Somewhere along the way, Mike also met his better half, Anna, and produced two tenacious kids while still finding some space for civic engagement and social contribution, resulting in various accolades, including a Certificate of Recognition from the California State Senate and a Congressional Commendation from the U.S. House of Representatives. Not bad for someone whose name first appeared on the Internet as the guy who swept the floors on Baywatch.
For More on Mike Rucker
Podcast Episodes You May Like
On Creating an Upward Spiral
“… you realize that you have a lot more control than you initially thought about in how you engage in activities and once that starts to create this upward spiral. Because once you get playful about that again, if you’re going through some big change, like I mentioned, or going through divorce or I know for your listeners are thinking about retirement, which is a big change in itself, it can feel overwhelming. But you can go into these things realizing that you do have more control than you initially thought, especially if you’ve let your life get habituated, which so many of us have.”
On Rethinking How We Spend Time
“And so if we’re not deliberate about how we spend our time, we’re really giving all of our time away. And if we’re not deliberate about leisure, a lot of times we end the day with not enough vitality to do anything. And so it really requires a re-architecture of how we’re spending our time. Joe, I know that’s what you do with a lot of folks in your own practice. Look at those rhythms of life that kind of have gone astray and understand that it’s not a selfish act to take some time off the table for yourself. If you have that purview of you’re really doing stuff from a sense of duty, realize that enjoying a little bit of your week for yourself allows you to show up to be the best version of yourself when you are there for your loved ones.”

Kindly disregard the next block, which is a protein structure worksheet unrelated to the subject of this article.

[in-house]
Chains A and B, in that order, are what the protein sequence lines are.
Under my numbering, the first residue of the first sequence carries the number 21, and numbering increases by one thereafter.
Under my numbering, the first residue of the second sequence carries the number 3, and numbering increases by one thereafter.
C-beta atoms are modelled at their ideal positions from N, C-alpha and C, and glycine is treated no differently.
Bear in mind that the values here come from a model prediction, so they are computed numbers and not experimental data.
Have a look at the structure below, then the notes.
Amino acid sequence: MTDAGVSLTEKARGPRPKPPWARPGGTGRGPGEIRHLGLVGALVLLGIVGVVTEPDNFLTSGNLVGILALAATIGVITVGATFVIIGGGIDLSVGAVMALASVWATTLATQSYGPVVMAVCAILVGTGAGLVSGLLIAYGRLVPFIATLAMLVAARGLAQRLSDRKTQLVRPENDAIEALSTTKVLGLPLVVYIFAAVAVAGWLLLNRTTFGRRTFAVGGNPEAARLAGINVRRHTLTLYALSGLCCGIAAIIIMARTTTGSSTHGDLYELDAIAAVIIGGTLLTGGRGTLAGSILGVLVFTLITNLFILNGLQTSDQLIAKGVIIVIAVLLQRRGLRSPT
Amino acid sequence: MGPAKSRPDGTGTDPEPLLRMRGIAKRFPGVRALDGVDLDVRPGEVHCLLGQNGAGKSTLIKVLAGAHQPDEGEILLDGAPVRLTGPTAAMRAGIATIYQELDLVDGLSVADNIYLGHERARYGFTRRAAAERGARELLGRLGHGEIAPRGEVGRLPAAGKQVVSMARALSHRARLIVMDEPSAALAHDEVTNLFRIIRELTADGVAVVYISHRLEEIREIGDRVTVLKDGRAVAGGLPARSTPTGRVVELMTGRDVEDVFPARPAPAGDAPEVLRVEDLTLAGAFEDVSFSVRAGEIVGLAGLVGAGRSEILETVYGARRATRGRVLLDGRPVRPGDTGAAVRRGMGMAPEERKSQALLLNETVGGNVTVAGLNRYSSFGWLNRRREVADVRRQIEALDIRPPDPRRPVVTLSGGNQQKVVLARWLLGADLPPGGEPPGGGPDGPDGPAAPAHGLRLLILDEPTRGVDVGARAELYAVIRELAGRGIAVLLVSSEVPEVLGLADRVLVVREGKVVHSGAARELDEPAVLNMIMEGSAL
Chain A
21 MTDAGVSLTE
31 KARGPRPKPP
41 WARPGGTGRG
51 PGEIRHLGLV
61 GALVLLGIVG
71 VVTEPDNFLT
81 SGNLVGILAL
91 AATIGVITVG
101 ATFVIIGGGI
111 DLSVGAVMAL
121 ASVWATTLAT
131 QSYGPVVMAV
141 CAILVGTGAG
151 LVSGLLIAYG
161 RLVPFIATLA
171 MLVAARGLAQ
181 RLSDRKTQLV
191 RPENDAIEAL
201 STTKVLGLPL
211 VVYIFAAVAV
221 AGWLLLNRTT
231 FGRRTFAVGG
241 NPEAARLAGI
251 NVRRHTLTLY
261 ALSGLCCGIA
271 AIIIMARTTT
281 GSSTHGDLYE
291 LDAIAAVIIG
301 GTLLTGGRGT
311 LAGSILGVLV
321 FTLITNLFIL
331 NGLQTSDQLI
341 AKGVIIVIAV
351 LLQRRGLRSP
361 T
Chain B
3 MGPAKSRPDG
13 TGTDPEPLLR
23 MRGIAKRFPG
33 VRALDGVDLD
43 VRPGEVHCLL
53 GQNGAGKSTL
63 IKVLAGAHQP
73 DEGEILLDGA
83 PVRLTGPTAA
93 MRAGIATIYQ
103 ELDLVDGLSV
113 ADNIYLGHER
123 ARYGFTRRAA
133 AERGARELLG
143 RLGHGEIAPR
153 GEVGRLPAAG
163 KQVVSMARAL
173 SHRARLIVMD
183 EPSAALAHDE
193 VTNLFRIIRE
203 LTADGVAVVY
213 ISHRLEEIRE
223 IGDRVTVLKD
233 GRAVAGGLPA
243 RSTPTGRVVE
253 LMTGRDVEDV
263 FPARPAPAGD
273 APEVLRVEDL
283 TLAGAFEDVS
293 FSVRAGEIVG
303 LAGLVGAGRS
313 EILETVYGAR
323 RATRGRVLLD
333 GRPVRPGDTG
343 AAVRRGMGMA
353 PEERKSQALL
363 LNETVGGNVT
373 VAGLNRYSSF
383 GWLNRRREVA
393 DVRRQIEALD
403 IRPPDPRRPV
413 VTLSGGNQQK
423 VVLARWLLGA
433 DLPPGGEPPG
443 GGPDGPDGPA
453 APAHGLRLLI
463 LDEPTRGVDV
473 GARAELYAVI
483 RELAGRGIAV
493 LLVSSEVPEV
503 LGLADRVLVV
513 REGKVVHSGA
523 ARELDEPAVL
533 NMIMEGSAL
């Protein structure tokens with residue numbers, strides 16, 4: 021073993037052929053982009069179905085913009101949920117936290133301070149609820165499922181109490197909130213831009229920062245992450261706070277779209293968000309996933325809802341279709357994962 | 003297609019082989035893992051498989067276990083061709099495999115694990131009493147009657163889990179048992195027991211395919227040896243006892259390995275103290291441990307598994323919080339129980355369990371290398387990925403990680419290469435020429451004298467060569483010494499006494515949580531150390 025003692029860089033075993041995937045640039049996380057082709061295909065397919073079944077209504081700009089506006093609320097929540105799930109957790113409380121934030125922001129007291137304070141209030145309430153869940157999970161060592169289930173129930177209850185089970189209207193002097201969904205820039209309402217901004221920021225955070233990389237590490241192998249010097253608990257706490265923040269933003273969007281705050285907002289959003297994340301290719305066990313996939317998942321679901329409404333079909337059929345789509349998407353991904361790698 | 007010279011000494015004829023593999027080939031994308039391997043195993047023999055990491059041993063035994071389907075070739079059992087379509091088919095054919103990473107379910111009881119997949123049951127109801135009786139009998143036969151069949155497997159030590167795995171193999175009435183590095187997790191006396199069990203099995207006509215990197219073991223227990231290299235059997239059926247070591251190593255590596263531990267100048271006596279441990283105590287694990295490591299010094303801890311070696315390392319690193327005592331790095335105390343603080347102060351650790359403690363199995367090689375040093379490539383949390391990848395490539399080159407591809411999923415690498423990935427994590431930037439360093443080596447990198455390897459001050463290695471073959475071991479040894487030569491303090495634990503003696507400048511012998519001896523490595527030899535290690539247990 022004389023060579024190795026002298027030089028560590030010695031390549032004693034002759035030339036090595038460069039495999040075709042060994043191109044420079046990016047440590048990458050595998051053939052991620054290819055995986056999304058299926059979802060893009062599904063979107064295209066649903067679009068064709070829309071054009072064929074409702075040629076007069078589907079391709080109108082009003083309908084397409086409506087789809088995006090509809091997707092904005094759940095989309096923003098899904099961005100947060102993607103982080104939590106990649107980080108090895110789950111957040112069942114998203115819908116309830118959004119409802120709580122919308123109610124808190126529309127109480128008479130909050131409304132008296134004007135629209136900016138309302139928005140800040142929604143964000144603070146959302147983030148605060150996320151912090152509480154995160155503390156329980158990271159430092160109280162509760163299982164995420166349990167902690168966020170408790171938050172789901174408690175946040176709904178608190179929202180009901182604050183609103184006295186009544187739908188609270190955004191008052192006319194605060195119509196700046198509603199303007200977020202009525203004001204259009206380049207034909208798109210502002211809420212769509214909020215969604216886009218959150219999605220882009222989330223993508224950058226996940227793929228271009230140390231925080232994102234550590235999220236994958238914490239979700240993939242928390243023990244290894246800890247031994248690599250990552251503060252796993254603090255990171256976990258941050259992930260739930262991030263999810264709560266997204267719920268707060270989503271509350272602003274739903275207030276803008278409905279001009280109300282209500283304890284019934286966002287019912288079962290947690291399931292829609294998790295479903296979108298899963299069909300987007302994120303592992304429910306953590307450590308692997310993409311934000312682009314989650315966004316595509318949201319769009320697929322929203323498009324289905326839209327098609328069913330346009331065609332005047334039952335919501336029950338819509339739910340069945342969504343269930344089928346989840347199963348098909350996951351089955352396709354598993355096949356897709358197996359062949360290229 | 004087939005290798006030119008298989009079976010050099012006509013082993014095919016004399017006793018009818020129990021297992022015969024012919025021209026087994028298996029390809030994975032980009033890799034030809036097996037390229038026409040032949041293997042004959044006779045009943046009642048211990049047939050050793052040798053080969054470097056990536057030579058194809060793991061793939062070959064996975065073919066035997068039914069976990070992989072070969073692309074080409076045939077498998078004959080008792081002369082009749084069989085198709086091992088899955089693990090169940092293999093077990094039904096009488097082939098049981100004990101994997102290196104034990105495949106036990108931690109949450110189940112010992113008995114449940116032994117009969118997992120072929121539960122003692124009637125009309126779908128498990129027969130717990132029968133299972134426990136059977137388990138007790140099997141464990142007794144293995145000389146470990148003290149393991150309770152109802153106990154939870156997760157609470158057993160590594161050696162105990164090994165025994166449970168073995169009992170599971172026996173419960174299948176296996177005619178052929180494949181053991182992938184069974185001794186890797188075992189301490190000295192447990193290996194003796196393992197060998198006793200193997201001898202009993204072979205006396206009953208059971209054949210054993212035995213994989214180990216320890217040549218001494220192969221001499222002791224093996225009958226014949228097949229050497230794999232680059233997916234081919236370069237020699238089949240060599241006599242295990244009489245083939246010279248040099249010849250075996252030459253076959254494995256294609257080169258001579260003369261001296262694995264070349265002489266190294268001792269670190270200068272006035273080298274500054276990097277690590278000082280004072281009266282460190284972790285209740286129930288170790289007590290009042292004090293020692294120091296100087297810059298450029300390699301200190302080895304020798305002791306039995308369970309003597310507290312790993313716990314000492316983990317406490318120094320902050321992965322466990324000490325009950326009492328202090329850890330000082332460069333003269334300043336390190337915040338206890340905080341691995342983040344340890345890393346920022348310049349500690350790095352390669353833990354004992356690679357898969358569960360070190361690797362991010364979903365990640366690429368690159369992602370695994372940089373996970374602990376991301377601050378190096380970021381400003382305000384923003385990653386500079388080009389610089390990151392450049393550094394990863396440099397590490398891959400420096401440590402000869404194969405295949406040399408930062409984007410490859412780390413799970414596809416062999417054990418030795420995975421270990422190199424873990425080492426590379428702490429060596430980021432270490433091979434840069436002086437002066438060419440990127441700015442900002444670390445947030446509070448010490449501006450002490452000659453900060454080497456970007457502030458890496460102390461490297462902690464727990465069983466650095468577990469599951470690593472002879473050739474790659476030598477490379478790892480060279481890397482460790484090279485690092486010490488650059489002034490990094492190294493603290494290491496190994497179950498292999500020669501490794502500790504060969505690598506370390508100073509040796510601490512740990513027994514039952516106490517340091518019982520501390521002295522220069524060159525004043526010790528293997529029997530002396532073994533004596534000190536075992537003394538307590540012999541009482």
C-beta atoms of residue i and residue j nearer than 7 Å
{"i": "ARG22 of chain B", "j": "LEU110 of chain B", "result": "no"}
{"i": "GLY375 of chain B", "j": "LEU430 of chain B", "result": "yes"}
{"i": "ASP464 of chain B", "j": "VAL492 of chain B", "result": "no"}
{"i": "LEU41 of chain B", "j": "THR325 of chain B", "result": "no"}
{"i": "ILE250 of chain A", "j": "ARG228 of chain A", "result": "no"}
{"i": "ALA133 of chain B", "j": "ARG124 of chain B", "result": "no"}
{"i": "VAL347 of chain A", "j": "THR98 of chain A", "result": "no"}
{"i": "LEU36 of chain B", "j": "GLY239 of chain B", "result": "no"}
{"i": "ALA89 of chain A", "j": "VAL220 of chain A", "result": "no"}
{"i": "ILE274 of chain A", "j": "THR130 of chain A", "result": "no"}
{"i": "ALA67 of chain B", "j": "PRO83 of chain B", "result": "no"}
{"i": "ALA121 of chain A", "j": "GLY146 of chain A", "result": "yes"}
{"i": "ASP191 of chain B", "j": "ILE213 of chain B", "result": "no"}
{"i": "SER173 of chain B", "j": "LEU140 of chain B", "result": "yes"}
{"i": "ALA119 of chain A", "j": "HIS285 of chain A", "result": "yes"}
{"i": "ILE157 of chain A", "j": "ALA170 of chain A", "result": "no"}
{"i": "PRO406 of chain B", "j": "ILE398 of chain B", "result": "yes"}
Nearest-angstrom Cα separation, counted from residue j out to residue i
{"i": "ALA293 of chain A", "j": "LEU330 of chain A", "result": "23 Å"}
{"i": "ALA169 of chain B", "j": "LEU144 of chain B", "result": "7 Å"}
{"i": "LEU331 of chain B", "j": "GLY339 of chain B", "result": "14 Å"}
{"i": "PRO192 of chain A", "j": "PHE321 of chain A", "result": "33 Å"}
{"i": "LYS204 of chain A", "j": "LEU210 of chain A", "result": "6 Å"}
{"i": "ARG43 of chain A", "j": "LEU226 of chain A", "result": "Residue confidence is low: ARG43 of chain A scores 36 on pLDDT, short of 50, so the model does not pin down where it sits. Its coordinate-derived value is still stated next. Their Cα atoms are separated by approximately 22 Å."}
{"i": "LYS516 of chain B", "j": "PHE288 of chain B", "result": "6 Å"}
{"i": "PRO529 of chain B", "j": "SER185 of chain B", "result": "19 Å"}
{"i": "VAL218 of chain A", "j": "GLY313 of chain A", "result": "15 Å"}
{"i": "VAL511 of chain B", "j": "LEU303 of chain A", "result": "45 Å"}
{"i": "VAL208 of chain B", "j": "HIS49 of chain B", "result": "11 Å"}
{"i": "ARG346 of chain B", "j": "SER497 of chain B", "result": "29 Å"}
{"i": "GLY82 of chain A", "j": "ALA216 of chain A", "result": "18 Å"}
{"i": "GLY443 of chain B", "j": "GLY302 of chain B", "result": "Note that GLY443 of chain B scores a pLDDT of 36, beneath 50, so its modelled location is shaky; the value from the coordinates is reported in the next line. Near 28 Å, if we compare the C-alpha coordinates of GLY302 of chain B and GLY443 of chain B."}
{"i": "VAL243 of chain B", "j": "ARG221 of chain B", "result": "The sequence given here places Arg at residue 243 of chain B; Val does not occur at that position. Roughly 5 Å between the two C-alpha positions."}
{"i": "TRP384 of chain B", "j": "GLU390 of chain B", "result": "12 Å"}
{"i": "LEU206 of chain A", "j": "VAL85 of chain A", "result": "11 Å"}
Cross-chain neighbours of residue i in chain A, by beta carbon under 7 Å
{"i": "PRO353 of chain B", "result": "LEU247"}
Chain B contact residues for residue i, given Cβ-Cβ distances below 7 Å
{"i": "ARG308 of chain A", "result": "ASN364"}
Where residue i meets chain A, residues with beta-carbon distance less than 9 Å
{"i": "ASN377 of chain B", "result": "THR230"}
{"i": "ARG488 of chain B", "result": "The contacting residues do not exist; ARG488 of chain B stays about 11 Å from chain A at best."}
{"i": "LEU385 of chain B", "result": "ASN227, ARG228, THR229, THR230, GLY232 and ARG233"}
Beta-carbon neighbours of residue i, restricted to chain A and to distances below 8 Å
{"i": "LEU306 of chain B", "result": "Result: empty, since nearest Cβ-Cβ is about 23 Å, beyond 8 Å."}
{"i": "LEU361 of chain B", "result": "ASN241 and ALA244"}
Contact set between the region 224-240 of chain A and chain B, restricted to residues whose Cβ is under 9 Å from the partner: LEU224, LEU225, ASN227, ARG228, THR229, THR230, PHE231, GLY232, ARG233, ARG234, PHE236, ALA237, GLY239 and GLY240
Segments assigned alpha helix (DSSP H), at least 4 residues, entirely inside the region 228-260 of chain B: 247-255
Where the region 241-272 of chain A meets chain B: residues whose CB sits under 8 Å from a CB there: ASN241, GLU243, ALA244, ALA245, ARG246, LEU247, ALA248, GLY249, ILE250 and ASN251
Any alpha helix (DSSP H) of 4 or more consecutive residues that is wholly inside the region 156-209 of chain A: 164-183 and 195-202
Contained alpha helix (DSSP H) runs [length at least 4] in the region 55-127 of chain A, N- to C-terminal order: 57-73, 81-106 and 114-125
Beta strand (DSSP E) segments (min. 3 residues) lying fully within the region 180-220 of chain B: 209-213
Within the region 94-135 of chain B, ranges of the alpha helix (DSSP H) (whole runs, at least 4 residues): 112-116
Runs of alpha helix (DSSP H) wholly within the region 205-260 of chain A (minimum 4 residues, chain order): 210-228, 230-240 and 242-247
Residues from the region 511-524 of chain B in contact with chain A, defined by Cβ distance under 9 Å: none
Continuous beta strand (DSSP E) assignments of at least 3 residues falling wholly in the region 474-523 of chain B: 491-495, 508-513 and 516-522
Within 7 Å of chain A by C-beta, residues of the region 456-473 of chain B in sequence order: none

On Learning from Children
“..a little bit of original research that I did for the upcoming book, The Fun Habit was I went to children’s museums. I was really there for a different reason, but I got fascinated about how adults kind of lose the ability to play. And then I realized that the research I was doing was actually replicated. And there are good reasons for that. As adults, we really become linear in our thinking. We want to understand what is asked of us and then we do the thing, right? And that’s really unfortunate because that stifles creativity. And so what we can learn from kids is just watch how they play. They don’t need rules. There’s this concept in science that the map is not the territory. And where we get hung up as adults is we really need a map to explore the territory where the kids don’t care when they go to a playground, they just take it all in. Especially young kids like the awe and wonder they see in a new environment. And we’ve just lost that lust for life. And so if you can get in a playful mindset, and really act like a kid again, that reminds you of all of the curiosity and creativity you once had. And oftentimes that’s all it takes to really enjoy yourself again… It becomes magical for most people.”
About Your Podcast Host
Joe Casey is an executive coach who also helps people design their next life after their primary career. He created his own next chapter after a twenty-six-year career at Merrill Lynch, where he was Senior Vice President and Head of HR for Global Markets & Investment Banking.
Learn more about how to retire smarter at retirementwisdom.com